Inhibition of AKT2/NF?B/Lipocalin-2 Signaling Axis for the Treatment of Dry Age-related Macular Degeneration (AMD)

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       The dry type of age-related macular degeneration (AMD) affects approximately 80-90% of individuals with AMD. Its cause is unknown, it usually progress more slowly than the wet type and at this time, there is no proven medical treatment or cure.  There is one surgical implant that can help some people gain more functional vision. There are also some unproven treatments such as acupuncture, microcurrent stimulation and rheopheresis. Hence, there is great need for therapeutic agents.


Johns Hopkins researchers have identified the specific signaling axis both in an animal model and in human AMD that triggers an inflammatory response in this disease. They have also identified an inhibitor that can be used in this ophthalmic disease. The drug can suppress the inflammatory response in dry AMD patients and thereby lead to cure or delay of the disease progression.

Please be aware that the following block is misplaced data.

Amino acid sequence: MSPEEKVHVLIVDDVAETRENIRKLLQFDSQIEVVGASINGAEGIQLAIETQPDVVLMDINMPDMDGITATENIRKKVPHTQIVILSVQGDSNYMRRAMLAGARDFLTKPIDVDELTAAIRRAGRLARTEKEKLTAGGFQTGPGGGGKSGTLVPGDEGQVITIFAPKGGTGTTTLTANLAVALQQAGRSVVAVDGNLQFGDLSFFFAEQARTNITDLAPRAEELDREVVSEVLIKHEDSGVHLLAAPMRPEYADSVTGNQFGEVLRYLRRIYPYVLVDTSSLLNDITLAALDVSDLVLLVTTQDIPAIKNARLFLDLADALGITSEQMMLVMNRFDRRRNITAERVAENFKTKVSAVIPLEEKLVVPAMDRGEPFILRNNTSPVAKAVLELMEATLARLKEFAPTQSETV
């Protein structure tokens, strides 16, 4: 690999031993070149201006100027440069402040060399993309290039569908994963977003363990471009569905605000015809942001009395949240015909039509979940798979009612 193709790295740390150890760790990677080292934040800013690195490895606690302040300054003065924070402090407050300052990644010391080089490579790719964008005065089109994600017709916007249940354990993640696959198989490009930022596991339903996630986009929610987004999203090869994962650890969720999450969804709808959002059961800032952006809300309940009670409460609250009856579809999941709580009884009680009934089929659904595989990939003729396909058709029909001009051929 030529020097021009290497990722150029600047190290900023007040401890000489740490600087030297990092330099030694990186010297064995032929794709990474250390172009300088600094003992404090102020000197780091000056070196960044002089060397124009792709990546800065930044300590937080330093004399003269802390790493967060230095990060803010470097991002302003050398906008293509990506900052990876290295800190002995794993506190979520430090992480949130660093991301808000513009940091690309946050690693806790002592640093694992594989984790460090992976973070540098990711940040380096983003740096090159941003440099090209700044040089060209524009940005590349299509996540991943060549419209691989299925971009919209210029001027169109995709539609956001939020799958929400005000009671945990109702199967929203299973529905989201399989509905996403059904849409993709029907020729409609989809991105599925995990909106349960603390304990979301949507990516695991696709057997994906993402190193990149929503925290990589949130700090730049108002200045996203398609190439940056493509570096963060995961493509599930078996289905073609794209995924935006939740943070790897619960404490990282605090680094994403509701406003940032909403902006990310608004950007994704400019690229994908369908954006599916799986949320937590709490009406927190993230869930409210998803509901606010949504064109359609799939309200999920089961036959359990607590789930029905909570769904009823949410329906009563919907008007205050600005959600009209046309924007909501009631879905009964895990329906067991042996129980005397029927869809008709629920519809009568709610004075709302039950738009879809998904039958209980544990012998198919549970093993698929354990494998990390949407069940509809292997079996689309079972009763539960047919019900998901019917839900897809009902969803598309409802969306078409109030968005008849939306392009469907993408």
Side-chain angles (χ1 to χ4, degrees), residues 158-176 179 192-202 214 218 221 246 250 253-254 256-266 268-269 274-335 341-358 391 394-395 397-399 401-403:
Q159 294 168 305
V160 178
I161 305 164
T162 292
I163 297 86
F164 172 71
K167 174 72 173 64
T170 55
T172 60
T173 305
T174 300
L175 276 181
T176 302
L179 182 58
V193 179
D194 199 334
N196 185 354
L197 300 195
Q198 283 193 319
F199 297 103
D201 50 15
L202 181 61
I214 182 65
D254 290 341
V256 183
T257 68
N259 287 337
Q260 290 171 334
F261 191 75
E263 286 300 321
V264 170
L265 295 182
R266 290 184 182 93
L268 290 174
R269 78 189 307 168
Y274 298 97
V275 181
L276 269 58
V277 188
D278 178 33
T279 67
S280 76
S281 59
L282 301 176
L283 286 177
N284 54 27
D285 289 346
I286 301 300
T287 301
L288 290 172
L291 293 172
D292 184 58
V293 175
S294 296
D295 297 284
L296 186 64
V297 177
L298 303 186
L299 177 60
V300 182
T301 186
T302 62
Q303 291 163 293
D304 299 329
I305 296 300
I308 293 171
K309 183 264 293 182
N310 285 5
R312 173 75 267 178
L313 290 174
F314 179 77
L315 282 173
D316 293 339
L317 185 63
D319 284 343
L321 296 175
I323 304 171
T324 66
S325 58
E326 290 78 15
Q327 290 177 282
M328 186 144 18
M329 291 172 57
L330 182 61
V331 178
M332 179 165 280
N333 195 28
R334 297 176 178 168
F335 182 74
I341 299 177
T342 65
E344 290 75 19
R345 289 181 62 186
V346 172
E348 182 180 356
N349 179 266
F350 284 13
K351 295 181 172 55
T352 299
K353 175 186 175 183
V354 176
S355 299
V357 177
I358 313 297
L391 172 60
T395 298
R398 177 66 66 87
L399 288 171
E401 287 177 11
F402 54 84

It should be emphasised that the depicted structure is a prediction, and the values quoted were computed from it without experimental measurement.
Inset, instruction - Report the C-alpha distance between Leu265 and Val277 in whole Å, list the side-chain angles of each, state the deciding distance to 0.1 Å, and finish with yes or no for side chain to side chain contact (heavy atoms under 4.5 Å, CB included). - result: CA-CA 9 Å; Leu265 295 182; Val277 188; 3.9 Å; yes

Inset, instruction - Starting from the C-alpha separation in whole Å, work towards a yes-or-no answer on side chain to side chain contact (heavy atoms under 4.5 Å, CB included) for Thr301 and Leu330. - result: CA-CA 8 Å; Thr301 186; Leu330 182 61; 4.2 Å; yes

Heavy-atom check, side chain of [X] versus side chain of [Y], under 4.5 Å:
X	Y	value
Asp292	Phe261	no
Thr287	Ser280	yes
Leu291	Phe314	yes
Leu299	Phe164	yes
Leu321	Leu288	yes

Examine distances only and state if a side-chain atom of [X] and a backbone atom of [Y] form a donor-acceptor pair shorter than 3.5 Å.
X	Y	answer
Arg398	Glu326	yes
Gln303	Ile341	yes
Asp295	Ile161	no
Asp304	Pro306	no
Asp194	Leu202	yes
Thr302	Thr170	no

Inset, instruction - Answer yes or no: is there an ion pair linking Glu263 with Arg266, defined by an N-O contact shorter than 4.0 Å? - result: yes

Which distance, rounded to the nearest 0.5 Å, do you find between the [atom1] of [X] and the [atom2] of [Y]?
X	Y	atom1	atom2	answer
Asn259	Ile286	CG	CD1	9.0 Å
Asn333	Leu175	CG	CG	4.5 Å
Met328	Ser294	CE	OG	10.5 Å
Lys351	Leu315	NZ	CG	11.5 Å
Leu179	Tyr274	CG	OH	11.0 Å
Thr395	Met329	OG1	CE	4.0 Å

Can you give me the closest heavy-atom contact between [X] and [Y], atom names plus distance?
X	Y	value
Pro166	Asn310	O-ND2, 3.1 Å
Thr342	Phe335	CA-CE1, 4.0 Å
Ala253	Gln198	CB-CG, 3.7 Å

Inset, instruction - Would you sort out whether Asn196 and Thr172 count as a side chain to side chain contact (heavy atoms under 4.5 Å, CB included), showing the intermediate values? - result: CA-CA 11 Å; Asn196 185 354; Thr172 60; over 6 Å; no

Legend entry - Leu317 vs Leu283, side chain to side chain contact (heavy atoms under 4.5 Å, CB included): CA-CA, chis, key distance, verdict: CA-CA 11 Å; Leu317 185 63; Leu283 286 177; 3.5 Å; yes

1.Generated unique genetically engineered mice in which lysosome-mediated clearance (both by phagocytosis and autophagy) in RPE cells is compromised, causing the development of features of early AMD.
2.In both the animal models and in human AMD, the AKT2?NF- ?B?LCN-2 signaling axis is involved in activating the inflammatory response, making this pathway a potential target for AMD treatment.
3.Identification of an inhibitor that can delay the progression of the disease phenotype.
 Publication:  J Pathol. 2017 Apr;241(5):583-588.
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Viqar Hussain
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